Born a princess, the daughter of King Erconbert of Kent, and Saint Sexburga of Ely. Ermenilda was a pious youth with a strong prayer life. Married to the pagan Wulfhere, King of Mercia whom she converted by setting a good example. Queen. Mother of Saint Werburga of Chester and King Coenrad of Mercia, who abdicated to become a monk in Rome, Italy. Ermenilda used her royal influence to destroy the last of Anglo-Saxon paganism. When widowed, she became a Benedictine nun at Minster-in-Sheppy abbey, which had been founded by her mother. She served as abbess there and at the abbey at Ely, England.
Monday, February 13, 2012
Saturday, February 11, 2012
Saint Gregory II
- Gregory the Younger
- Gregory Junior
Involved in Church affairs from an early age. Pope Saint Sergius I ordained Gregory a sub-deacon. He served the next four popes as treasurer of the Church, then librarian. Assigned important missions. Accompanied Pope Constantine to Constantinople for discussions with Emperor Justinian II.
Elected 89th pope in 715. He held synods to correct abuses, stopped heresy and promoted discipline and morality in religious and clerical life. Rebuilt a great portion of the walls of Rome, Italy to protect the city against the Lombards. Restored churches, cared for the sick and aged, re-established monasteries and abbeys. Consecrated Saint Boniface and Saint Corbinian as missionary bishops to the tribes in Germany. English pilgrims increased to the point that they required a church, cemetery, and school of their own.
In his dealings with Emperor Leo III, Gregory’s showed strength and patience. Leo demanded destruction of holy images. When bishops failed to convince him of his error, they disobeyed and appealed to the Pope. Gregory tried to change the emperor’s thinking, counseled the people to maintain allegiance to the prince, and encouraged the bishops to oppose the heresy. It appears he won out.
Friday, February 10, 2012
Saint Scholastica, from the San Luca Altarpiece.
|Born||c. 480 AD|
Nursia, Umbria, Italy
|Died||10 February 547|
near Monte Cassino
|Honored in||Roman Catholic Church|
Eastern Orthodox Church
|Attributes||nun with crozier and crucifix; nun with dove flying from her mouth|
|Patronage||convulsive children; nuns; invoked against storms and rain; Le Mans|
St. Gregory the Great, in his Dialogues, tells us that she was a nun and leader of a community for women at Plombariola, about five miles from Benedict's abbey at Monte Cassino. We do not know what rule this community followed, although it seems most likely it was the Rule of St. Benedict.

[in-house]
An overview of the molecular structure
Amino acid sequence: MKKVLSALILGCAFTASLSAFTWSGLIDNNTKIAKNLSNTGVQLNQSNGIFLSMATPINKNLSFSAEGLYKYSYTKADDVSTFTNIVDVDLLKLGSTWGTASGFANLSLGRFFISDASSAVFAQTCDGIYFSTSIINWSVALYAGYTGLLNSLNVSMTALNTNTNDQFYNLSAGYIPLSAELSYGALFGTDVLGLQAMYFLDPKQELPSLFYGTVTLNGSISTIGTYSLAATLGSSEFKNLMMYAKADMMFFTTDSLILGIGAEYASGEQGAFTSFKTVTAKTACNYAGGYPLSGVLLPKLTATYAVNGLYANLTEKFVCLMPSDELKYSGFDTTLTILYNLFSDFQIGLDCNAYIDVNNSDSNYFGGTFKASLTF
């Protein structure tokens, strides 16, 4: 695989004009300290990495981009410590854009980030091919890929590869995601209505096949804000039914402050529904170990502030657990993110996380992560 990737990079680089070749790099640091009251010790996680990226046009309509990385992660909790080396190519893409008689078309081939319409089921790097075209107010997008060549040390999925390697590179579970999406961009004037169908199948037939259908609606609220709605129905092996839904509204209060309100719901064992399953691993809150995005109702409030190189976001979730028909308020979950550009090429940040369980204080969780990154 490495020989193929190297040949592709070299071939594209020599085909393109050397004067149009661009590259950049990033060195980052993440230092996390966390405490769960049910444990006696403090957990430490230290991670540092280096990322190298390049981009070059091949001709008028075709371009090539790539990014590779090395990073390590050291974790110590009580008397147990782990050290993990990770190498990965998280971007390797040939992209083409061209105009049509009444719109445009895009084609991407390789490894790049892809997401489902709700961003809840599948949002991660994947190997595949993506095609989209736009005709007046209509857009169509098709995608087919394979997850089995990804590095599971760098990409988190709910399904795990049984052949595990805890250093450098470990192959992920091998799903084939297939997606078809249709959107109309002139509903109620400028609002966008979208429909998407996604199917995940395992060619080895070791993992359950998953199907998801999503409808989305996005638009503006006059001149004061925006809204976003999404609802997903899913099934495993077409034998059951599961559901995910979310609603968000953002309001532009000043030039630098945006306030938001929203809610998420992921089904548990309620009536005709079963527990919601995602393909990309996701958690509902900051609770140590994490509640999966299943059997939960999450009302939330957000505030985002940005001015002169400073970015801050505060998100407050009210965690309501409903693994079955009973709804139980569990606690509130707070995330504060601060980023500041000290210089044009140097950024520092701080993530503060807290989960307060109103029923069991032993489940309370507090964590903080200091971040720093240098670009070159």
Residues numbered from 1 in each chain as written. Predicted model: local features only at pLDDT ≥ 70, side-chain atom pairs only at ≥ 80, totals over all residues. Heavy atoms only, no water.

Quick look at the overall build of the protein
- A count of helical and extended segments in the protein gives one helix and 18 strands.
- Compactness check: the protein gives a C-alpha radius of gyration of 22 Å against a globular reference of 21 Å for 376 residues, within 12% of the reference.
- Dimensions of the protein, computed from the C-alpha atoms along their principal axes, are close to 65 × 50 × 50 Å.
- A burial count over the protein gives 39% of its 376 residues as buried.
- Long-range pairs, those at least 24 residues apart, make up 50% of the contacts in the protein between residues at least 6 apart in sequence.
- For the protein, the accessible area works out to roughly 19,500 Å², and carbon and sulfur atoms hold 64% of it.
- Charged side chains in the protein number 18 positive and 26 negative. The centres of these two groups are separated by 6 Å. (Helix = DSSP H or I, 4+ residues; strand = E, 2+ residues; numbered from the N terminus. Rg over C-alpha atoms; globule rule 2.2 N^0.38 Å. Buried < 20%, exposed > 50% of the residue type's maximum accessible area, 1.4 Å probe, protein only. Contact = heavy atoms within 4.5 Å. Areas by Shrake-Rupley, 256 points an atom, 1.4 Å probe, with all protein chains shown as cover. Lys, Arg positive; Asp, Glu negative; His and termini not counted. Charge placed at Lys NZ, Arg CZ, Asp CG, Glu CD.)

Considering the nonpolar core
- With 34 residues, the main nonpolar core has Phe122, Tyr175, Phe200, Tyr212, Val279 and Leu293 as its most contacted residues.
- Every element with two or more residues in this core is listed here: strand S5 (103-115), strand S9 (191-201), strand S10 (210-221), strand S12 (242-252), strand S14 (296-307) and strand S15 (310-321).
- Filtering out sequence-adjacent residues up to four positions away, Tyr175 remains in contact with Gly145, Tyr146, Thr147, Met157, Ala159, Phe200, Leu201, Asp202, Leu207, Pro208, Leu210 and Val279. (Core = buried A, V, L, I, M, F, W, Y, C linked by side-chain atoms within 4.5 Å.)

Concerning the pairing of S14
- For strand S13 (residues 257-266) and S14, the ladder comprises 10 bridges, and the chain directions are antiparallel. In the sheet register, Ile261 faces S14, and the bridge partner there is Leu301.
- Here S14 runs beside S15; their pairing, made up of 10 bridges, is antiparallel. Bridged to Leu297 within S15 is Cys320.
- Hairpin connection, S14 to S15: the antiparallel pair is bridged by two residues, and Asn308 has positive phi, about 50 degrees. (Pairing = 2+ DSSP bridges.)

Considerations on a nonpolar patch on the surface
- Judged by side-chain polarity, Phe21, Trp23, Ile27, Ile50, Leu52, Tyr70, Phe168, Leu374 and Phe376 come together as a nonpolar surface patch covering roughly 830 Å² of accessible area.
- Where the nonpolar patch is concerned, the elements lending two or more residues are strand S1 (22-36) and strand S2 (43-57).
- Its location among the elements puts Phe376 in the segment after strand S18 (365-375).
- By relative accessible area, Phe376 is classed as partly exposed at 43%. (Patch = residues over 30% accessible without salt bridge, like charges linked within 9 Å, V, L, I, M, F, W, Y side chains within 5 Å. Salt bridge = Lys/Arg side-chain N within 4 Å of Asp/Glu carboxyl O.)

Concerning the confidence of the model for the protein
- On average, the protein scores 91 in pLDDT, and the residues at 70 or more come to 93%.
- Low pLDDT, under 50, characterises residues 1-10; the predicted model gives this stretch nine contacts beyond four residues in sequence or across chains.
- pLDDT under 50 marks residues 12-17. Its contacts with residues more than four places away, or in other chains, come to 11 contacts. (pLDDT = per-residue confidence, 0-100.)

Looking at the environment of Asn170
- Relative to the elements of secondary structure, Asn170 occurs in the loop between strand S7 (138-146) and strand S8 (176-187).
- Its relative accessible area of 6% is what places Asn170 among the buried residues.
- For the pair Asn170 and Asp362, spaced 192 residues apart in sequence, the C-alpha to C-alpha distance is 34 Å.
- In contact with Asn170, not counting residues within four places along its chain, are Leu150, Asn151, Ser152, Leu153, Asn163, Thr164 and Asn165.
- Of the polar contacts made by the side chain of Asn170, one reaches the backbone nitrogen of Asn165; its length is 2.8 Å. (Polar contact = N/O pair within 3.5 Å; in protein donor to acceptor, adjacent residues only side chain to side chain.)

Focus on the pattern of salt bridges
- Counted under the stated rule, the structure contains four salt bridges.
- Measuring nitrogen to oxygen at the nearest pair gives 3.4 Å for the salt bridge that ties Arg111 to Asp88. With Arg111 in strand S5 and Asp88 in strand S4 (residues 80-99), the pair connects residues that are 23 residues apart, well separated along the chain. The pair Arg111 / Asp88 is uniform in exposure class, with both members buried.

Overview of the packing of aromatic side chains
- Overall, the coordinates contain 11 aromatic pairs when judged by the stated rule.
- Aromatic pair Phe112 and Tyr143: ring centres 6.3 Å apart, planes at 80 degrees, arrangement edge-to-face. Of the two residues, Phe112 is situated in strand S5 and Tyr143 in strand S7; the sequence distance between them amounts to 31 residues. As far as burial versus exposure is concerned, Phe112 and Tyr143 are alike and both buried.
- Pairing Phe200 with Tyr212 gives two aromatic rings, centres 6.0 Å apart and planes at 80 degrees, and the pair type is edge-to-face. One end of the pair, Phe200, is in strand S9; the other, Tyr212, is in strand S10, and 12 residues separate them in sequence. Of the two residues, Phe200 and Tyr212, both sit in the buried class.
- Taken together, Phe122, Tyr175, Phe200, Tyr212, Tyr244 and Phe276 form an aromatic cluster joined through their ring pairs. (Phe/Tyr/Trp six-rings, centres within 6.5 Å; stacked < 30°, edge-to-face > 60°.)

Scholastica was dedicated to God from a young age (some tellings of her story indicate that she preceded Benedict in godliness, and he came to holiness after she did). The most commonly told story about her is that she would, once a year, go and visit her brother at a place near his abbey, and they would spend the day worshiping together and discussing sacred texts and issues.
supper and continued their conversation. When Benedict indicated it was time for him to leave, she protested, and begged him to stay with her for the evening so they could continue their discussions. He refused, insisting that he needed to return to his cell. At that point, Scholastica closed her hands in prayer, and after a moment, a wild storm started outside of the guest house in which they were housed. Benedict asked, "What have you done?", to which she replied, "I asked you and you would not listen; so I asked my God and he did listen. So now go off, if you can, leave me and return to your monastery." Benedict was unable to return to his monastery, and they spent the night in discussion. According to Gregory's Dialogues, three days later, from his cell, he saw his sister's soul leaving the earth and ascending to heaven in the form of a shining white dove.
Her memorial is 10 February. Scholastica is the patron saint of nuns, convulsive children, and is invoked against storms and rain.
She was recently selected as the main motif for a high value commemorative coin: the Austria €50 'The Christian Religious Orders', issued 13 March 2002. On the obverse (heads) side of the coin Scholastica is depicted alongside Benedict.